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The evolutionary significance of ancient genome duplications

Authors
  • Van de Peer, Yves
  • Maere, Steven
  • Meyer, Axel
Publication Date
Jan 01, 2009
Identifiers
DOI: 10.1038/nrg2600
OAI: oai:archive.ugent.be:771452
Source
Ghent University Institutional Archive
Keywords
Language
English
License
Unknown
External links

Abstract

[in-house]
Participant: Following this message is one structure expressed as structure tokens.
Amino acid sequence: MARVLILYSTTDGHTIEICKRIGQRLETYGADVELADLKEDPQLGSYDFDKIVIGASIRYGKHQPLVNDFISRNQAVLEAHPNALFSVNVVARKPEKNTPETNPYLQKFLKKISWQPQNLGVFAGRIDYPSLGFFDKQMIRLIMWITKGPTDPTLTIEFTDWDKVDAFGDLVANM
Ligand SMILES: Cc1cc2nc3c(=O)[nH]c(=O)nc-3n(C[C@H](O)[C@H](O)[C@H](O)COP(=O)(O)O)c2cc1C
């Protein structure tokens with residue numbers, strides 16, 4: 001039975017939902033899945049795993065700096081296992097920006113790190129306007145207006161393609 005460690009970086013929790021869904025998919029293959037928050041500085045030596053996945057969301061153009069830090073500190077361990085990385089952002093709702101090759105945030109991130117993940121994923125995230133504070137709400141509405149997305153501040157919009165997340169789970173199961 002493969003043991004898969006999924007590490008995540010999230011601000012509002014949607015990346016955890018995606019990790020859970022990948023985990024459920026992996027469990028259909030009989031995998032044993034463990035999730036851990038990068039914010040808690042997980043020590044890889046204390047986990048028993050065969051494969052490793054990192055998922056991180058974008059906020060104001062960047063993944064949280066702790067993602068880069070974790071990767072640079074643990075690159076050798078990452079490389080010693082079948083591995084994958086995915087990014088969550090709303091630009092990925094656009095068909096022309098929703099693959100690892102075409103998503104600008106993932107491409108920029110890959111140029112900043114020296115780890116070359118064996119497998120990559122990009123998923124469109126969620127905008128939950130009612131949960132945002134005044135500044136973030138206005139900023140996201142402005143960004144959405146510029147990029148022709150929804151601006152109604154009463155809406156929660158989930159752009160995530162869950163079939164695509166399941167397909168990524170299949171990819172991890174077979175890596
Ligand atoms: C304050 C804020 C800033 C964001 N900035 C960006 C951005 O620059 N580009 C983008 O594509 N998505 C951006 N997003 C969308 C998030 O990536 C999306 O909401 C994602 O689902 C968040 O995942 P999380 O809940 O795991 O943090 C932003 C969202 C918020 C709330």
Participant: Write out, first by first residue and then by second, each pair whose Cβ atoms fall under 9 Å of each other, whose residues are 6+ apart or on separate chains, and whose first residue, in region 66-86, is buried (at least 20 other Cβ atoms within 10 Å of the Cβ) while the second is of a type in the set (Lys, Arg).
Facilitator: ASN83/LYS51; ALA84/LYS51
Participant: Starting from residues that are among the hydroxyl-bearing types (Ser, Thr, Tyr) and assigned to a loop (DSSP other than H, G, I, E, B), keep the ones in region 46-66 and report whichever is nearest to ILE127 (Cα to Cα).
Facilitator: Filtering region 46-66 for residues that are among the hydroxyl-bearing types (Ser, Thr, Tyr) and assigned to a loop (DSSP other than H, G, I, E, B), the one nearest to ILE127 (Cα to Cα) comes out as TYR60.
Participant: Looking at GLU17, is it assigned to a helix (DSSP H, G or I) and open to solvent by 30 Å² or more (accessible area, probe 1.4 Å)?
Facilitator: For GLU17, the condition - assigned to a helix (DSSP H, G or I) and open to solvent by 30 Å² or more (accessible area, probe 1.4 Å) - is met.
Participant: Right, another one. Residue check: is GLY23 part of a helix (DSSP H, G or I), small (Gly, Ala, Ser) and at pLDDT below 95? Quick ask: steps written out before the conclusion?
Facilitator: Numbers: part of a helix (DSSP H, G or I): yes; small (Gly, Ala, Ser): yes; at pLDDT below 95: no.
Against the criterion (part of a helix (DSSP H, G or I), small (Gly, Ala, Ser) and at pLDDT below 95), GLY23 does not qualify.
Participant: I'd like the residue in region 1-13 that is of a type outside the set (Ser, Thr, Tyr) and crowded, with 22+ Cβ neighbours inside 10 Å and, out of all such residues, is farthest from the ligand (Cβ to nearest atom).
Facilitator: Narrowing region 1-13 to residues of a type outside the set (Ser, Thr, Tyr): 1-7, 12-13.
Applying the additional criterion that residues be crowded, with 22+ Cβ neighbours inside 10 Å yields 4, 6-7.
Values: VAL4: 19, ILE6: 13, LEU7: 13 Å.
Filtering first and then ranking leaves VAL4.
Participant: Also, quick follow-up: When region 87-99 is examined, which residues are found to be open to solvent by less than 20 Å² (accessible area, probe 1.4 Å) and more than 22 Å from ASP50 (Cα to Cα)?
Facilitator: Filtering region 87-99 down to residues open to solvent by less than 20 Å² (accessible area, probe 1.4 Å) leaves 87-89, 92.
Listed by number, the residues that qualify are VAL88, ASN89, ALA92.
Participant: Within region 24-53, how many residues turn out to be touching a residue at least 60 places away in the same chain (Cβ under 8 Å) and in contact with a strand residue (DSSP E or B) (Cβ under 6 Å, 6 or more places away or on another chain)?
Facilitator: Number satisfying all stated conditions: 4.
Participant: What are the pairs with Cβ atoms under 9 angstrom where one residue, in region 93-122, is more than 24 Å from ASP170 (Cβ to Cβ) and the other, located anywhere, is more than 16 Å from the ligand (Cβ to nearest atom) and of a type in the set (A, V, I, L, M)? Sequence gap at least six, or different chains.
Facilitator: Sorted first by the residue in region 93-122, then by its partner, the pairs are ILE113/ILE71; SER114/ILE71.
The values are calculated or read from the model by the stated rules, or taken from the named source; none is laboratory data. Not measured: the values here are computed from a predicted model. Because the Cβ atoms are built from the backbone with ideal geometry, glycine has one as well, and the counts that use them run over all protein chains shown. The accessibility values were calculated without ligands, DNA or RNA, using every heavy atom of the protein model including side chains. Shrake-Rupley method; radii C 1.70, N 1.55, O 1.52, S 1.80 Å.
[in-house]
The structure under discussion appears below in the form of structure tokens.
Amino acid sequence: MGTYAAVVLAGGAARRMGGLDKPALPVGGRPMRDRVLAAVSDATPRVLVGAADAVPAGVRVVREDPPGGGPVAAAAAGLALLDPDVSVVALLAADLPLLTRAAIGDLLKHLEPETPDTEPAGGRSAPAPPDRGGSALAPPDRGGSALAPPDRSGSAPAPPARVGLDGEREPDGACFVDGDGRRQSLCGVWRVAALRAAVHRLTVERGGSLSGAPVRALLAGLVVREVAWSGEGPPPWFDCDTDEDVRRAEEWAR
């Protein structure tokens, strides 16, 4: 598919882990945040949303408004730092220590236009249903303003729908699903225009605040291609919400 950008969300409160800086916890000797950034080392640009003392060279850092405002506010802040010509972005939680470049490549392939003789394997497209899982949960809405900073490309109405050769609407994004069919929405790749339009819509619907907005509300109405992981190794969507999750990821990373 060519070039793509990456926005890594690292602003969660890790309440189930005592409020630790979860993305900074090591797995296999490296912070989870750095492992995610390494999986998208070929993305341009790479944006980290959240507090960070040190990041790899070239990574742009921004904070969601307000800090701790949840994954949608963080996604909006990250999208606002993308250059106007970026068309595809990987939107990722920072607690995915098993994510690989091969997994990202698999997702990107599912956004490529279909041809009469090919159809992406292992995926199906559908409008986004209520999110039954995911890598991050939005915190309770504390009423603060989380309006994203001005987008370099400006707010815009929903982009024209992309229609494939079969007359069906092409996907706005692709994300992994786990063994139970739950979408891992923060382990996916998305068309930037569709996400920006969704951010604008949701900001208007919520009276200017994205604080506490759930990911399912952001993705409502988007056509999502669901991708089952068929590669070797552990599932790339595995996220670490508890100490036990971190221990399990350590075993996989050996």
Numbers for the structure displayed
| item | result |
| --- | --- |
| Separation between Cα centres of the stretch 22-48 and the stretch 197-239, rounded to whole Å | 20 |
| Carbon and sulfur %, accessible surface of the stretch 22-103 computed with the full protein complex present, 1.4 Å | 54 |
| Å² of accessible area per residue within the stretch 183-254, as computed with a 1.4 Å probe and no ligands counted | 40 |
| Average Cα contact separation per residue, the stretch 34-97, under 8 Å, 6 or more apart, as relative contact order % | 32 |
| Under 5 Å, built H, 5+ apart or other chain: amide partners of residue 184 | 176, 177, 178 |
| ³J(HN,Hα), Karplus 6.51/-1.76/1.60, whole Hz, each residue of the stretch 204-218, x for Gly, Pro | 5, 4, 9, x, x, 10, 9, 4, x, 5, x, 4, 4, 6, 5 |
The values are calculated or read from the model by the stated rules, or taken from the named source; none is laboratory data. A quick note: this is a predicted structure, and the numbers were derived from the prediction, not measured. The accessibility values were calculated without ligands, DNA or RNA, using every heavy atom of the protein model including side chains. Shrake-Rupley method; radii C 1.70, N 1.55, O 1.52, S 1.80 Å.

Many organisms are currently polyploid, or have a polyploid ancestry and now have secondarily 'diploidized' genomes. This finding is surprising because retained whole-genome duplications (WGDs) are exceedingly rare, suggesting that polyploidy is usually an evolutionary dead end. We argue that ancient genome doublings could probably have survived only under very specific conditions, but that, whenever established, they might have had a pronounced impact on species diversification, and led to an increase in biological complexity and the origin of evolutionary novelties.

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